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Unmistakably pungent and aromatic, the spice of fresh ginger root adds a zing to many dishes, with many health-promoting properties. Long used as a remedy for numerous ailments from colds to cancer, ginger has been the recent focus of research aimed at revealing its true therapeutic potential. Add a kick to your cooking and a boost to your health by using ginger root regularly.
Basil is a common cooking herb. It is prevalent in Italian cuisine. Basil is a powerful antioxidant. It's full of polyphenolic flavonoids, which shield much of the body's structures from cell-damaging free radicals. Free radicals can cause a lot of problems such as oxidizing cholesterol in your bloodstream, where it builds up in your arteries and raises your risk of stroke and heart attack. Asthma, certain types of arthritis, and several other ailments can also be attributed to free radicals.
Parsley or garden parsley is a species of flowering plant in the family Apiaceae. Because of its light scent and fresh taste, parsley can be used in anything from soups to sauces to vegetables. Parsley is high in nitrates that help dilate blood vessels, which improves blood flow and lowers high blood pressure. Parsley contains the flavonoid luteolin. The easy-to-grow herb is another anti-inflammatory food that just might help reduce pain and stiffness while it brightens up your vegetable salads.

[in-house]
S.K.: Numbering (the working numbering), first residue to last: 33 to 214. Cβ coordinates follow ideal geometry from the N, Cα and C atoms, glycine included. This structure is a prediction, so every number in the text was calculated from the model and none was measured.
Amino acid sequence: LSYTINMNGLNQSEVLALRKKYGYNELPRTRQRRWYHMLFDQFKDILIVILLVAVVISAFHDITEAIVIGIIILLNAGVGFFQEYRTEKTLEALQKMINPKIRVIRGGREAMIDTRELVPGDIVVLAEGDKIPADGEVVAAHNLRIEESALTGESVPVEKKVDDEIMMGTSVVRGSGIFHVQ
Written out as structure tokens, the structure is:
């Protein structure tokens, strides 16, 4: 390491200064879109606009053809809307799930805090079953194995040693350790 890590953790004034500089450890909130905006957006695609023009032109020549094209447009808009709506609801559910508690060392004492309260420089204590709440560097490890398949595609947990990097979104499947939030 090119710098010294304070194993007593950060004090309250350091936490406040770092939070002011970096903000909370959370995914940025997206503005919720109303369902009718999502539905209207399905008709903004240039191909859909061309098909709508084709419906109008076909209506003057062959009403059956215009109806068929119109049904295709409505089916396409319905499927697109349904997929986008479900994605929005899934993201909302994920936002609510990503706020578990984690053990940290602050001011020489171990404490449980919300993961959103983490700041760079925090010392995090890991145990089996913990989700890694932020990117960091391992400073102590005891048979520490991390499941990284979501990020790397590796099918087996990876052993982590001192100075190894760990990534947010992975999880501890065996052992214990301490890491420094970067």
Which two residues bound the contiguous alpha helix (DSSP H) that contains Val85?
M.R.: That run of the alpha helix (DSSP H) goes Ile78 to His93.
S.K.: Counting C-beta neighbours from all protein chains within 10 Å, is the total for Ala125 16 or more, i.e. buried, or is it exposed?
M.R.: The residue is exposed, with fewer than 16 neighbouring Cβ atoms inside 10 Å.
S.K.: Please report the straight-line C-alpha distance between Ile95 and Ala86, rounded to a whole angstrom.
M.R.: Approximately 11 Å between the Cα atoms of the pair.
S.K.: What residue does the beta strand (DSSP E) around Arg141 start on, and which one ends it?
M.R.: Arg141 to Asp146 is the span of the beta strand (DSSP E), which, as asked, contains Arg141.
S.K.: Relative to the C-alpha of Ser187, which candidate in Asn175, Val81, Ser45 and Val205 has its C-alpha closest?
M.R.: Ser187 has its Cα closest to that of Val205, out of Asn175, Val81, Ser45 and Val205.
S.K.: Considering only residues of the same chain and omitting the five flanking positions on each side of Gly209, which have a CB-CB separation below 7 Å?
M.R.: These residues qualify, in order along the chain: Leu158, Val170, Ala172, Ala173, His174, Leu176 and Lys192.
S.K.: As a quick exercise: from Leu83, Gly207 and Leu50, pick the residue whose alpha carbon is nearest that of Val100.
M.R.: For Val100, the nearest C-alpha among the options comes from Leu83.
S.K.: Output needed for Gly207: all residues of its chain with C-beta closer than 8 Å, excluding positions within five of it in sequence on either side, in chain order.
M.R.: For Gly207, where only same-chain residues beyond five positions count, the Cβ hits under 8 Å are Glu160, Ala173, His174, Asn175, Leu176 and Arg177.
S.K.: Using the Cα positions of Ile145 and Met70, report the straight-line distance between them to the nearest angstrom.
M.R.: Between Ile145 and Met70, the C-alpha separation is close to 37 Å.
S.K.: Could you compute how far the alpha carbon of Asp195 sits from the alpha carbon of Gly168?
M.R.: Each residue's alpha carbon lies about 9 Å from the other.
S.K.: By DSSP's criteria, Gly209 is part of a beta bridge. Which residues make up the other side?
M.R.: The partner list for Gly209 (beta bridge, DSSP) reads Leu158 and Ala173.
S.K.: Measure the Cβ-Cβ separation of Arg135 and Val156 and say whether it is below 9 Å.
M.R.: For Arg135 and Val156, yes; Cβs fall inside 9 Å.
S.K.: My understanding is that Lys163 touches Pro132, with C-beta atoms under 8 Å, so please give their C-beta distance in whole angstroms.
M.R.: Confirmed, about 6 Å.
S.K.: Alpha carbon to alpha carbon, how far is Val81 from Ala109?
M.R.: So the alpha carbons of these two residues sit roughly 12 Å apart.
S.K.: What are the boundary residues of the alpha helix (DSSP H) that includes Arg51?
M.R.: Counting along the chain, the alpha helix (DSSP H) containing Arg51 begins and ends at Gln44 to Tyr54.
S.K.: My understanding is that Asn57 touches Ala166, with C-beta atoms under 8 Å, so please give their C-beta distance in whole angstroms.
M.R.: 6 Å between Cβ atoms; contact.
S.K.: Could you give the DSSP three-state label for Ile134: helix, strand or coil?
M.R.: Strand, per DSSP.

Coriander is an annual herb in the family Apiaceae. All parts of the plant are edible, but the fresh leaves and the dried seeds (as a spice) are the parts most traditionally used in cooking. Coriander has multiple health benefits. Coriander or cilantro is a wonderful source of dietary fibre, manganese, iron and magnesium as well. Also, coriander leaves are rich in Vitamin C, Vitamin K and protein. They also contain small amounts of calcium, phosphorous, potassium, thiamin, niacin and carotene.
These whole, brown linseeds have a pleasant nutty flavour and provide a convenient way of increasing dietary fibre intake. Whole or ground linseeds can be used in baking bread, muffins or biscuits. They are also tasty sprinkled over salads, cooked vegetables or muesli. Seeds are by their nature high in energy, protein and fibre.